The paradox of alloreactivity and self MHC restriction: Quantitative analysis and statistics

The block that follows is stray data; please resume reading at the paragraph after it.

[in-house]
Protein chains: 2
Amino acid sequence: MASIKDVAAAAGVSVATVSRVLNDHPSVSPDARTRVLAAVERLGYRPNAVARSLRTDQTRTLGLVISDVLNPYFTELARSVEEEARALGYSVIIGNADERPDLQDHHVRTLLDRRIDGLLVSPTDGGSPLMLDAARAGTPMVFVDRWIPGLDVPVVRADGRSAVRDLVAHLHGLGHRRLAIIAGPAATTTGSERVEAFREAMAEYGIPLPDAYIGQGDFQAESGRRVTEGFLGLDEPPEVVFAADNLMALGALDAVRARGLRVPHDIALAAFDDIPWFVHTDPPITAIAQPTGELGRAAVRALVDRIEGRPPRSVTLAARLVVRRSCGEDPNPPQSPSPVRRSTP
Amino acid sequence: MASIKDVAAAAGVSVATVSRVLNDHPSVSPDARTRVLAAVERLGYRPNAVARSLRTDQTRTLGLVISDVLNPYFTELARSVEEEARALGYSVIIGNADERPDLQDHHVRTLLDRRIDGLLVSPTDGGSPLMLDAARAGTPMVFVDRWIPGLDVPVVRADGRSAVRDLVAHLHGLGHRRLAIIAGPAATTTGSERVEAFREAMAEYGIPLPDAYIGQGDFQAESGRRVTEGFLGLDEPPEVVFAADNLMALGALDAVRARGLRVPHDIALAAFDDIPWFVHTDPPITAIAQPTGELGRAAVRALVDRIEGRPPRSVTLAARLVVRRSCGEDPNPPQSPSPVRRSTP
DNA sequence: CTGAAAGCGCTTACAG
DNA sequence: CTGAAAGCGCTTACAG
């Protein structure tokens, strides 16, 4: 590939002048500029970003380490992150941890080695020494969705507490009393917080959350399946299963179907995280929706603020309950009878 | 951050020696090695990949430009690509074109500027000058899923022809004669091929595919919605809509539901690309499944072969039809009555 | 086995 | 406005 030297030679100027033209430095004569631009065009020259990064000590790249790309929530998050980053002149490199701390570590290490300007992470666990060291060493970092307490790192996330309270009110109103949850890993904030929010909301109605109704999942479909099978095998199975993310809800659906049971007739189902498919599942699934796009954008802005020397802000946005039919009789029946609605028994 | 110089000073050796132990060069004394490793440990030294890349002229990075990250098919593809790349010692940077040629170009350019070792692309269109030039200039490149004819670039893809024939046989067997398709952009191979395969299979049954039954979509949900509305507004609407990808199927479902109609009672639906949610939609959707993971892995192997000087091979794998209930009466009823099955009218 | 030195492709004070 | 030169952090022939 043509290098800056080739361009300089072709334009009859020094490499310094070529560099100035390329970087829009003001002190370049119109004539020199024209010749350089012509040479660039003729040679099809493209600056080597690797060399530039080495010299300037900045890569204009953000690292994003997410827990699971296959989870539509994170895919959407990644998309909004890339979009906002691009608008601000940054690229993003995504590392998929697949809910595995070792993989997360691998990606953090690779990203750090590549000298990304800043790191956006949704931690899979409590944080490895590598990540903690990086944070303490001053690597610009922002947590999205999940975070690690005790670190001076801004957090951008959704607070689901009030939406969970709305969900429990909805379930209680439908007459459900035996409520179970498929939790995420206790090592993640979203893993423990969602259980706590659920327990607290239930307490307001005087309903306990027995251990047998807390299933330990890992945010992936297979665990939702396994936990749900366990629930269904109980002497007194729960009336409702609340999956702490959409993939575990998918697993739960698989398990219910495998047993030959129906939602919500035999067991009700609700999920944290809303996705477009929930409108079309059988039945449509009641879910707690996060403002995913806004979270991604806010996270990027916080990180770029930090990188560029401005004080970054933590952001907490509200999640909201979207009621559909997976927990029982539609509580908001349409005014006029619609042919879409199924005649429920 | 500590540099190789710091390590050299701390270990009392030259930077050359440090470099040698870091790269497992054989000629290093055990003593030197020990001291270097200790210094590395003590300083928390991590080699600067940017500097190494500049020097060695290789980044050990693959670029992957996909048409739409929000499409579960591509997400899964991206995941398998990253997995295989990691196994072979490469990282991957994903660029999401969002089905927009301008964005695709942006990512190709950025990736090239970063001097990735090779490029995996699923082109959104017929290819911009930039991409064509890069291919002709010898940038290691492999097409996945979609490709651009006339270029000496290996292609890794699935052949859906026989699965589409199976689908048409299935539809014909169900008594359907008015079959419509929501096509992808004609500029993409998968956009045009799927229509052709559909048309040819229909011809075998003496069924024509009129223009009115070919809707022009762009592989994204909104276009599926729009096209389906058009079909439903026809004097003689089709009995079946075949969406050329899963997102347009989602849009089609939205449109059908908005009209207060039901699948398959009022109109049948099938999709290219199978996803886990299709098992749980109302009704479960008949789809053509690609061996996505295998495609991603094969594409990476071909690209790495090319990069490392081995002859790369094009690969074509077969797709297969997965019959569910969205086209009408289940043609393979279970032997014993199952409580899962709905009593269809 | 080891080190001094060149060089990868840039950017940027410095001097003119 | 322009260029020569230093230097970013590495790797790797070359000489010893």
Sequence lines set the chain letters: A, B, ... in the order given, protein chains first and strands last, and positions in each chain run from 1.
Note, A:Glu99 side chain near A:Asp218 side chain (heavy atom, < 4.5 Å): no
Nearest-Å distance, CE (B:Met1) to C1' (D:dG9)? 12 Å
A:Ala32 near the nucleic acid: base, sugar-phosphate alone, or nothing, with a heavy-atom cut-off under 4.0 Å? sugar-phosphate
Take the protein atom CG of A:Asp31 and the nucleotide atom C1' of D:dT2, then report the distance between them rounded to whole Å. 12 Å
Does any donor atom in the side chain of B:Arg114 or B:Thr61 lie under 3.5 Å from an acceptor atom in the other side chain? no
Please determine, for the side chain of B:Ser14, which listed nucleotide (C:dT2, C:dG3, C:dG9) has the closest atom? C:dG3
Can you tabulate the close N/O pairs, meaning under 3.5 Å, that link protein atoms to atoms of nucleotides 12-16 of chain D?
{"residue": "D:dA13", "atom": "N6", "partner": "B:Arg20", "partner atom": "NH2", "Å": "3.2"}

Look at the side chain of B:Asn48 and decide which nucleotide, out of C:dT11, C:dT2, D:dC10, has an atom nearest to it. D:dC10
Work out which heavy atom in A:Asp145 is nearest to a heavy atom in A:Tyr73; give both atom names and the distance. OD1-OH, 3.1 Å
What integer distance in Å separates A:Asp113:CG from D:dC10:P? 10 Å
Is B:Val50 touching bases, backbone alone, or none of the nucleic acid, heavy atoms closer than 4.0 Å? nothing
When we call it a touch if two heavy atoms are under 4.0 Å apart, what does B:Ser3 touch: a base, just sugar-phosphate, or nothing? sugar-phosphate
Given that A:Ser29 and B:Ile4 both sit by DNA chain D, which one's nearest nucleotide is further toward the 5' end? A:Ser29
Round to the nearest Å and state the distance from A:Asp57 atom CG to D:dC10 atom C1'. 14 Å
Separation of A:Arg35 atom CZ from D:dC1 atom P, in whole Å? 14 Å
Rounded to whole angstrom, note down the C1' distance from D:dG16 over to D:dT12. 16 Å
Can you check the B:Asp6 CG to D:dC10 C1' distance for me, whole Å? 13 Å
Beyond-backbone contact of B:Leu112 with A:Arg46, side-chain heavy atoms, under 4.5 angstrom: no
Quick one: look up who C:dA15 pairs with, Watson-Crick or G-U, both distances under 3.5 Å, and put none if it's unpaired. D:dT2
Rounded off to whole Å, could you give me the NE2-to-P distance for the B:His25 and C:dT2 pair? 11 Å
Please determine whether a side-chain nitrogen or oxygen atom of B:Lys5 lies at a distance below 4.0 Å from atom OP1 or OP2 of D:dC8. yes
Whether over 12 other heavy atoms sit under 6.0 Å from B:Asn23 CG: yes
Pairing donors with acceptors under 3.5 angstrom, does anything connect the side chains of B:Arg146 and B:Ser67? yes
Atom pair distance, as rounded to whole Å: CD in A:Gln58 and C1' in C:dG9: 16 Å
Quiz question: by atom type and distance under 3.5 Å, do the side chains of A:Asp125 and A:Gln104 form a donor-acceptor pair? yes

Although 1-24% of T cells are alloreactive, i.e., respond to MHC molecules encoded by a foreign haplotype, it is generally believed that T cells cannot recognize foreign peptides binding foreign MHC molecules. We show using a quantitative model that, if T cell selection and activation are affinity-driven, then an alloreactivity of 1-24% is incompatible with the textbook notion that self MHC restriction is absolute. If an average of 1% of clones are alloreactive, then according to our model, at most 20-fold more clones should, on average, be activated by antigens presented on self MHC than by antigens presented on foreign MHC. This ratio is at best 5 if alloreactivity is 5%. These results describe average properties of the murine immune system, but not the outcome of individual experiments. Using supercomputer technology, we simulated 100,000 MHC restriction experiments. Although the average restriction ratio was 7.1, restriction was absolute in 10% of the simulated experiments, greater than 100, although not absolute, in 29%, and below 6 in 24%. This extreme variability agrees with experimental estimates. Our analysis suggests that alloreactivity and average self MHC restriction both cannot be high, but that a low average restriction level is compatible with high levels in a significant number of experiments.